If Obama was unhappy about his playing time, the truth is he had to work exceedingly hard just to make the team. He made it more because of his intense passion for the game -- his will -- than anything else. The notion that he was hampered in his progress because his style was more playground-oriented, that he played “black” and the coach coached “white,” distorts the dynamics of his own game, the performance of the other players and the coaching philosophy of McLachlin. The reality was that Barry, as skilled and intelligent a player as he was, could not stand out in this group. He had good court sense and an ability to slash to the basket, but was an unreliable outside shooter and not much of a jumper, contradicting the stereotype of “black” ball. Decades later, a story emerged that his nickname was Barry O’Bomber, playing off his last name and a propensity to fire away from long range, but few team members recalled that nickname and said the real gunner was Darin Maurer, who was better than Obama but barely got more playing time. Maurer never started at Punahou but went on to play Division I basketball at Stanford as a walk-on. Maurer was a haole, the native Hawaiian slang for a caucasian; race had nothing to do with it.
The subject of Obama and basketball reaches into the complexities of self-perception and race. Since his self-discovery served as the organizing theme of his memoir, it was understandable that he focused his life through that racial lens, and that for dramatic effect he sometimes placed more emphasis on certain provocative scenes and topics. The tendency in his self-portrait was to present himself as blacker and more disaffected than he was, if only slightly so. He did this regarding his portrayal of both Frank Marshall Davis, the Frank character in the book, old and black and cynical; and Keith Kakugawa, the Ray character, young and black and angry -- enhancing their roles in his teenage life at the expense of other people who spent vastly more time with him. And he did the same when it came to basketball. “He loved basketball so much, I think a lot of things have been blown out of proportion,” said Lum. “Anybody wants to play. His style of play was flashy, but it was okay. McLachlin didn’t really put a damper on it. If you did a behind-the-back pass, McLachlin would frown on that, but when it came down to playing time, he [Barry] wasn’t one of the five best.” In fact, Lum and other teammates pointed out, Barry was only occasionally considered one of the top eight, the number of players McLachlin usually used in his rotation, following the substitution pattern of John Wooden, the brilliant coach at UCLA.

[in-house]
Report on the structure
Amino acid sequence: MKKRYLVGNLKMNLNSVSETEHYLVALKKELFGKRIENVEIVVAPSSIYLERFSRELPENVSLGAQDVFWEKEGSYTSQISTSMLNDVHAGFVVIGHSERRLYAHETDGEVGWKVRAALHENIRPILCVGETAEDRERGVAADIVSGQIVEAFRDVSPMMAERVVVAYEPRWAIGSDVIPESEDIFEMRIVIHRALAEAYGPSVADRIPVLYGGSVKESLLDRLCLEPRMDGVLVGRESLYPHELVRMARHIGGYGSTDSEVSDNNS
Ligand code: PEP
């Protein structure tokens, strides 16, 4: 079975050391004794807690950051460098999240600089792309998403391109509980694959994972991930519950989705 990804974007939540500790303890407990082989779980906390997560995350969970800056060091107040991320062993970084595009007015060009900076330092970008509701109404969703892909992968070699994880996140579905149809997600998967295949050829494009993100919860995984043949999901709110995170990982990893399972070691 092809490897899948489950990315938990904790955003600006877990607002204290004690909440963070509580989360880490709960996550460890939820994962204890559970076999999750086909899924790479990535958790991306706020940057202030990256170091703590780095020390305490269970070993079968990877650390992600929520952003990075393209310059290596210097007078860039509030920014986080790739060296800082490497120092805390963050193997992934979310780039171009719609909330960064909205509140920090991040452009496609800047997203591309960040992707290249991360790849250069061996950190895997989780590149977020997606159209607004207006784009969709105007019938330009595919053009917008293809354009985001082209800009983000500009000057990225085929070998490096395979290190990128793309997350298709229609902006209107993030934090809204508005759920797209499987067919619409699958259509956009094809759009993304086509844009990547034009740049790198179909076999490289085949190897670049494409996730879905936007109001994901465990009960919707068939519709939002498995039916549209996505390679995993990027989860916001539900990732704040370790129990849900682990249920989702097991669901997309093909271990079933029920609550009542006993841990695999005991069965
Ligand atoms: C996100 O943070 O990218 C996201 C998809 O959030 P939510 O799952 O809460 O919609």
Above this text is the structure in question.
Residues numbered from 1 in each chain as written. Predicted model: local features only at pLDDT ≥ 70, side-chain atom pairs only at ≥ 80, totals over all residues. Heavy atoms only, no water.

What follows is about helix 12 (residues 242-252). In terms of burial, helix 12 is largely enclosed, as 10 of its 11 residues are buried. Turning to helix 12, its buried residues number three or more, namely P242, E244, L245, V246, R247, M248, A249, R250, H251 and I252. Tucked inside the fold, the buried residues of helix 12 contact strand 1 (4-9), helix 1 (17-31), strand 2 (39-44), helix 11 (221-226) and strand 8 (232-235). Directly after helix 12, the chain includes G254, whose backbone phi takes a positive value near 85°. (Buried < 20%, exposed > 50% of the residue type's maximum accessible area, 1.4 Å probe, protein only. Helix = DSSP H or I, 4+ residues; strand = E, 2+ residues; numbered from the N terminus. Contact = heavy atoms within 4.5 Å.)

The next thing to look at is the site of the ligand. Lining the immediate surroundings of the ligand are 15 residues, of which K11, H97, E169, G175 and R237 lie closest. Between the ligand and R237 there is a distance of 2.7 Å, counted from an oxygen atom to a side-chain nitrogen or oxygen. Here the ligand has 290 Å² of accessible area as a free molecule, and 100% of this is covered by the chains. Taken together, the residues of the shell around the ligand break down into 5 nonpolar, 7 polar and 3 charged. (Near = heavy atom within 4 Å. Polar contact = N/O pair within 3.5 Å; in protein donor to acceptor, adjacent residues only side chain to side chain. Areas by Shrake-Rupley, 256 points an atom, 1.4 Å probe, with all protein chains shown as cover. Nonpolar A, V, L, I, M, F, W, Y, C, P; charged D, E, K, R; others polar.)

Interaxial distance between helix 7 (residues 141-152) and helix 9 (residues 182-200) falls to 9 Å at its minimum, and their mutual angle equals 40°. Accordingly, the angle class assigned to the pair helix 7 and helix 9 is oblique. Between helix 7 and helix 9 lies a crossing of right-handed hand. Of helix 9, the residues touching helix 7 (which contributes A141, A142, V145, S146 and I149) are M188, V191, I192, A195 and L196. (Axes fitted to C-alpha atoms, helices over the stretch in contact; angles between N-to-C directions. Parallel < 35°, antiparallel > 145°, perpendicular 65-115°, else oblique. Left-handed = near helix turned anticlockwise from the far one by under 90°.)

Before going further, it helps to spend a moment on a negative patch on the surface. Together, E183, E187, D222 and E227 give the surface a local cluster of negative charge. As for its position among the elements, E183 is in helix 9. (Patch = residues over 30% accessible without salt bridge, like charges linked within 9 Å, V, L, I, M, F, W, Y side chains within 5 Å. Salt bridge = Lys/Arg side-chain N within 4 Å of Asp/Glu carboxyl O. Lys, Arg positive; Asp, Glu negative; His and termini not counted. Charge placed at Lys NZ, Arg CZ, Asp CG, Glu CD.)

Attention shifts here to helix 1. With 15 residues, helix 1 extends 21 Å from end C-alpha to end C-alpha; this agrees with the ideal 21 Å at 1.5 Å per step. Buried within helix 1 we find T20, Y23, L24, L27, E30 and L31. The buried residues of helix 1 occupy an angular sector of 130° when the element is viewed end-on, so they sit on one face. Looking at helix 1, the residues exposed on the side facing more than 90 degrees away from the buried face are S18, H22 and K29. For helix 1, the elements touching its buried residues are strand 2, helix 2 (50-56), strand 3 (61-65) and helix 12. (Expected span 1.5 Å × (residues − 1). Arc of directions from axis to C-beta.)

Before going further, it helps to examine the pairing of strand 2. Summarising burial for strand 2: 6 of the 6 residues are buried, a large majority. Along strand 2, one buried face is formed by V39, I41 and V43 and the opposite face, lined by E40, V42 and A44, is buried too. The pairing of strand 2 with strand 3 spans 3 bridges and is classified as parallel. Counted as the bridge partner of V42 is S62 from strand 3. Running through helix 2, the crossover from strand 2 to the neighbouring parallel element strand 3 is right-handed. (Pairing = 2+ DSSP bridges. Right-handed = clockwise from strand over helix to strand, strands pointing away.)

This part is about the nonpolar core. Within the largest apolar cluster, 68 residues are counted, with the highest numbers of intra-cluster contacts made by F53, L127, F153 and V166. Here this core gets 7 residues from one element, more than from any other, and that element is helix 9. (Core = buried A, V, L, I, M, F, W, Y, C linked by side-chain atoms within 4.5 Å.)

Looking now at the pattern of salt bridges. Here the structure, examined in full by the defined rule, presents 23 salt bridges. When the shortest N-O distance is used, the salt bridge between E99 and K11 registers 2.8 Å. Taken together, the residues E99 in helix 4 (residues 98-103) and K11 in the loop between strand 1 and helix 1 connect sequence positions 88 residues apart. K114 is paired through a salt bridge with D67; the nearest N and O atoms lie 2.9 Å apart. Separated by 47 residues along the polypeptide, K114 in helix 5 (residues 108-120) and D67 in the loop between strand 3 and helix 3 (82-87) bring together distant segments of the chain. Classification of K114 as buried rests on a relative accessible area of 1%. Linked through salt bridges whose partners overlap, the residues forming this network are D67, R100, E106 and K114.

These points are not meant to diminish the important role basketball played in Obama’s coming of age as he began to explore black culture. He saw in it what he saw in jazz, an ineffable artistic expression of what it meant to be black and cool, a brother. The first spark of soulful recognition of basketball came not long after he arrived back from Indonesia at age 10, when his grandfather took him to see Red Rocha’s 1971 University of Hawaii Rainbows, a team fueled by black players who came over from the mainland and played with up-tempo flair. That team (nicknamed the Fab Five, long before a Michigan quintet appropriated the name) caught the public’s attention by earning a national ranking, winning the Rainbow Classic and more than 20 other games, and getting a coveted invitation to the still-popular National Invitational Tournament in New York. It also caught the attention of young Barry, and when he grew older he often made his way to the UH campus himself to watch the team or play pickup ball at their gym.